SOME QUIT EARLY, DURING A DISASTER
With Gov. Mike Dunleavy taking office at 12:01 pm on Monday, dozens of people were laid off from mainly upper-level management positions with the old administration.
It was “situation normal” for a transition. Some people were kept, such as Janice Mason, the scheduler for the governor, who served under Gov. Sean Parnell and Gov. Bill Walker, handling their scheduling needs. She’s as close to the heat as one can get in politics, but she was retained. Tara Fradley, who manages the Anchorage office, was said to be retained, although she may move into a different capacity.
Others, such as commissioners, were released from service. The old chief of staff is gone, and a new one has taken over.
The mainstream media reacted as if it was a Monday afternoon massacre.
But in fact, just 95 state workers were let go.
When Bill Walker became governor in 2014, that number was 90.
But the mainstream media had little curiosity about the layoffs back then. It was not a story because it is a normal condition. Why it’s a story now? The media has revealed its bias by choosing to focus on the number of people, but not what happened in the last days of the Walker Administration.
What was not normal is that two of the top public safety officers in the state — the heads of Public Safety and Corrections — quit their posts early, in the middle of a declared disaster.
Department of Public Safety Commissioner Walt Monegan and Deputy Commissioner Bill Comer quit their jobs on Friday in the middle of the biggest emergency the state has faced since the 1964 Good Friday Earthquake. The 7.0 earthquake that hit just after the start of business was a major safety concern.
Rather than stay on their jobs through the weekend and until the end of the Walker Administration on Monday, they called it quits on Friday. The earthquake aftermath would not be their problem over the weekend.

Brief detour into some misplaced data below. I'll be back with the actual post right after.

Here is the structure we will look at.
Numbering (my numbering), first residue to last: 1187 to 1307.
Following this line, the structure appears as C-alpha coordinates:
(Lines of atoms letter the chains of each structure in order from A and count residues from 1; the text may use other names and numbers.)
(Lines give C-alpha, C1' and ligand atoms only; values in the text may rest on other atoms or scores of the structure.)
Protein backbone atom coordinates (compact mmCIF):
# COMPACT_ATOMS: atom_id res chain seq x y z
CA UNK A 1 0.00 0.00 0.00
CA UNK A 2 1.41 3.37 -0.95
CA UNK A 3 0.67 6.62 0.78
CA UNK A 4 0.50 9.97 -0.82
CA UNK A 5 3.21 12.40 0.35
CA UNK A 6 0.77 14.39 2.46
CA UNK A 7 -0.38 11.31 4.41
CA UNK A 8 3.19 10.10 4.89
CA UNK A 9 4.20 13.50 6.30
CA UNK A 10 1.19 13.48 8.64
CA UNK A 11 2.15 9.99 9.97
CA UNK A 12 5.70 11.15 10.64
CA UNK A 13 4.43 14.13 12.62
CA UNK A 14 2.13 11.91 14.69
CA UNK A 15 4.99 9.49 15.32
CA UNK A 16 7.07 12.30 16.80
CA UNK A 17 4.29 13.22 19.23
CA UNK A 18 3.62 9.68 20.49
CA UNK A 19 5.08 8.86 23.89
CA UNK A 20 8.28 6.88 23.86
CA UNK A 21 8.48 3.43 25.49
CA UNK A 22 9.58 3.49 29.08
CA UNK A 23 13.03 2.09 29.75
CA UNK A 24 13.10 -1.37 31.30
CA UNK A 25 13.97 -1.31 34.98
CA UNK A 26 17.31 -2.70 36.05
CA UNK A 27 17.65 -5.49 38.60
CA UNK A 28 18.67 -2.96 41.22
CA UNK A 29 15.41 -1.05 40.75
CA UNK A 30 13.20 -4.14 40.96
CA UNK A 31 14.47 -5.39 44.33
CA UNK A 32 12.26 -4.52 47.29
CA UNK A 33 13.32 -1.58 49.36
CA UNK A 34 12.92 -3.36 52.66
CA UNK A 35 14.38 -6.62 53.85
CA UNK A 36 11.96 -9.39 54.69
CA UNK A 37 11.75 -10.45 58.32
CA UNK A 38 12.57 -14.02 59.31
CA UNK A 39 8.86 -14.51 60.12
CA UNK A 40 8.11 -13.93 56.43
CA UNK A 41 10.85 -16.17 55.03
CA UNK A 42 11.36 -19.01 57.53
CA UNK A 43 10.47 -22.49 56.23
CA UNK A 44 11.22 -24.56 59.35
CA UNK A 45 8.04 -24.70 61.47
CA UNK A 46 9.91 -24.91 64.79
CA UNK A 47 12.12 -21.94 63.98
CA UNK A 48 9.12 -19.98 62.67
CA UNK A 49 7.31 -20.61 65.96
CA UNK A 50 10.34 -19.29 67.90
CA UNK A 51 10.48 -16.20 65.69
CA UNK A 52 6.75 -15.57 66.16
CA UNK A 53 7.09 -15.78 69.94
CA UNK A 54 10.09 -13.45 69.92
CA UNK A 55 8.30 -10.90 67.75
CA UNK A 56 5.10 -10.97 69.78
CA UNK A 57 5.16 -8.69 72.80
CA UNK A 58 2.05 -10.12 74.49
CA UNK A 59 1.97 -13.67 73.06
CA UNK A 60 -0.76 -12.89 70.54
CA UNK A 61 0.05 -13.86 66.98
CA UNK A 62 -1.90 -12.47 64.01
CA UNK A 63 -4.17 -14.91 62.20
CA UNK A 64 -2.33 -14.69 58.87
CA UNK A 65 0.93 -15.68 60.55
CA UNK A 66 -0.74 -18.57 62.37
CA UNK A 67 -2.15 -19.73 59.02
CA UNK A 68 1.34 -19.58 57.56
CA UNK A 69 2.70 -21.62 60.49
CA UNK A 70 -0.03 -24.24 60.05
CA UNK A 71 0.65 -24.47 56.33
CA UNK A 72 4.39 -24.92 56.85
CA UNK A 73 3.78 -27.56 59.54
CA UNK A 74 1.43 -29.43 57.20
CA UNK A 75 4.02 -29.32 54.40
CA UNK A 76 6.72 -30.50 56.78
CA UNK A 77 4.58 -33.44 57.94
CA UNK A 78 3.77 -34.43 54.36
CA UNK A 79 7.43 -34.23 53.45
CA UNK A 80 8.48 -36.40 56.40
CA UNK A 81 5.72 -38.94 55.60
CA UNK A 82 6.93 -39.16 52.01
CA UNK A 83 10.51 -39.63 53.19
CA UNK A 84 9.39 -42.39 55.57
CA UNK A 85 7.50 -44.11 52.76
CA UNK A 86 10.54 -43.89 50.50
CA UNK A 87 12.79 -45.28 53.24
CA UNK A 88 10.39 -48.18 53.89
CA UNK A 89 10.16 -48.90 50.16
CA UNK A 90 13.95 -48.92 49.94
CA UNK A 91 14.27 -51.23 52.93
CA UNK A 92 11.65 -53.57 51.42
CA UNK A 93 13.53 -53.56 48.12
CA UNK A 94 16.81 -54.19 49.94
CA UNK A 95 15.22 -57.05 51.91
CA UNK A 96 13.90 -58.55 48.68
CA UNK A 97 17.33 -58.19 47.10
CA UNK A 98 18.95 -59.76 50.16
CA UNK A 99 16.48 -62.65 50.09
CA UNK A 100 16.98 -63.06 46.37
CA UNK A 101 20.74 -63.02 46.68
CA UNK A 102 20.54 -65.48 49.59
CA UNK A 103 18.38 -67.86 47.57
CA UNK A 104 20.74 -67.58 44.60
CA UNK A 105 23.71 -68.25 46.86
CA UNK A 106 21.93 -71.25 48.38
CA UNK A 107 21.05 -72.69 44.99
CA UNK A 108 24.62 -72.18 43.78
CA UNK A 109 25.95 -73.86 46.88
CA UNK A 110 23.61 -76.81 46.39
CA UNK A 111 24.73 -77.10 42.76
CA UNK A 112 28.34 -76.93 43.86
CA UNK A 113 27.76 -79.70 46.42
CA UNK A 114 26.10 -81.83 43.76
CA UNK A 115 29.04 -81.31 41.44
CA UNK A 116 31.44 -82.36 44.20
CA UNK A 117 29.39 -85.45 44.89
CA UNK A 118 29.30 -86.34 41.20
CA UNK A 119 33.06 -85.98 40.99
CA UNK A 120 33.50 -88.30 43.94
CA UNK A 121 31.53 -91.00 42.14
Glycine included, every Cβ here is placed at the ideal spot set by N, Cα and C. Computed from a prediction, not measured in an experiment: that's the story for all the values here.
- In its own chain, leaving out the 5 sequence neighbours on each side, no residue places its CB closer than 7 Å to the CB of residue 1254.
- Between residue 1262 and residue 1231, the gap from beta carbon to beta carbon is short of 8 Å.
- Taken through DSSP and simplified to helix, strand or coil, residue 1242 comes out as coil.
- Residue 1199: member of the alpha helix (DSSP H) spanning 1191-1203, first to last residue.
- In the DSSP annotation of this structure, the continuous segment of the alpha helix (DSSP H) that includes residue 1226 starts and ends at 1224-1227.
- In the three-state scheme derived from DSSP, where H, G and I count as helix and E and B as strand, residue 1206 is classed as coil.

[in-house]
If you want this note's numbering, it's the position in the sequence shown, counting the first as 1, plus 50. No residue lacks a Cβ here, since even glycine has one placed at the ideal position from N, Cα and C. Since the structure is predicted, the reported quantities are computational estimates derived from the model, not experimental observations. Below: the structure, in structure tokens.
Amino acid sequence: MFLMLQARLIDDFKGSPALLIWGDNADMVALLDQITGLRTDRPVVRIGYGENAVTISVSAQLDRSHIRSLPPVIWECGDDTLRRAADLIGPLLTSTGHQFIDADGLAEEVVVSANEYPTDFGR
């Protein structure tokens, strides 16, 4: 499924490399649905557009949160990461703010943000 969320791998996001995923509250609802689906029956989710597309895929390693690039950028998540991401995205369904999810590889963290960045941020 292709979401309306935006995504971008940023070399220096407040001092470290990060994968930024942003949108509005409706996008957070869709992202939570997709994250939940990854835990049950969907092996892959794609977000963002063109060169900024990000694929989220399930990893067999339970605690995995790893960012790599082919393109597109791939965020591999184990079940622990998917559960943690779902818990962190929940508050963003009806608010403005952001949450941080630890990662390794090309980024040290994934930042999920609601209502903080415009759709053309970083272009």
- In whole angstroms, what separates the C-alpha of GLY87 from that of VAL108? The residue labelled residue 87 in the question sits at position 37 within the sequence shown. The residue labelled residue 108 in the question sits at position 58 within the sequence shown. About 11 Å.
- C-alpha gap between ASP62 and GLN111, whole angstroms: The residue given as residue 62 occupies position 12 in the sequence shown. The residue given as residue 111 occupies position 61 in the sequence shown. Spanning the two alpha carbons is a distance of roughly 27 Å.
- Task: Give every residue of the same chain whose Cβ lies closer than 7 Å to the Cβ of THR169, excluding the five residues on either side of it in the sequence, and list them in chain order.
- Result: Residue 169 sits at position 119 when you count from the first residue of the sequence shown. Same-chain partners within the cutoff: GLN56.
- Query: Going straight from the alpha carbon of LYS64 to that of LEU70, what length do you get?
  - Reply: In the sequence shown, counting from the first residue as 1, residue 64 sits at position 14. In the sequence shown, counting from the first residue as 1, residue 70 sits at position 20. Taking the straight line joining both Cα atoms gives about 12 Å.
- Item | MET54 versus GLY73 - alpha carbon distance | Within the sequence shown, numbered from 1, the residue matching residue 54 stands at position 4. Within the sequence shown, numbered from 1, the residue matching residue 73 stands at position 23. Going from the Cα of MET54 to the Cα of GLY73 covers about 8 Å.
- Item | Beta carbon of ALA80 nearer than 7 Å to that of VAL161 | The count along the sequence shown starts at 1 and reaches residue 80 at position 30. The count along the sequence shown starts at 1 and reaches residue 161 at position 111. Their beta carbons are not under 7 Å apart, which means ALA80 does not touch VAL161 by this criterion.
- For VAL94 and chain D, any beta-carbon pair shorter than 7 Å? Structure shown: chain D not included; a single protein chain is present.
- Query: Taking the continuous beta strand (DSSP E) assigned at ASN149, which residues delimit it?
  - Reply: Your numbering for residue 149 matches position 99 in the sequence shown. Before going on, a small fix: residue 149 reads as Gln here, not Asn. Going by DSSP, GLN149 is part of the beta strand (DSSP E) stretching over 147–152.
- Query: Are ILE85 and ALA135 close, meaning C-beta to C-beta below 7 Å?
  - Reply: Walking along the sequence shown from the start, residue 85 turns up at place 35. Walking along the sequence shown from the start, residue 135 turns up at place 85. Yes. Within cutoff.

They left in charge the acting head of the State Troopers, Andrew Greenstreet, who by all counts is a competent leader. He stayed on the job and no-doubt had his hands full.
Commissioner of Corrections Dean Williams also left early. Williams quit immediately after the earthquake, choosing to not work through the weekend to secure damaged prisons and other corrections facilities.
Williams left Acting Deputy Commissioner Jacob Wyckoff in charge. Wyckoff was then said to leave for Hawaii on a planned vacation.
Meanwhile, several of the corrections facilities in Southcentral sustained significant damage. Some may need to be closed.
And yet, those jobs are not truly vacant. They are filled by acting commissioners who have stepped in after the commissioners quit early.
The former Attorney General Jahna Lindemuth tendered her resignation effective noon on Monday. The person in charge became Ed Sniffen, who was Deputy Attorney General and now serves as acting attorney general until someone new is named. The top position is not empty, as stated by the ADN.
Lindemuth was attorney general for the past 18 months. Before that, Craig Richards was AG for Walker. Gov. Sean Parnell also had two attorneys general — first was Dan Sullivan, followed by Michael Geraghty, who served for two years.
ANNOUNCEMENTS ON WEDNESDAY
Gov. Mike Dunleavy will announce the new commissioners for Public Safety, Corrections and the new Attorney General on Wednesday at about 11 am. Check back with Must Read Alaska for the details. These are the final cabinet appointments to be made.
On Monday, Dunleavy announced that Doug Vincent-Lang is the new commissioner of Fish and Game.
800 “exempt” or “partially exempt” employees were asked to send in their letters of resignation, and to indicate if they wanted to keep serving in the new administration. All but about 30 submitted their letters before the deadline on Friday.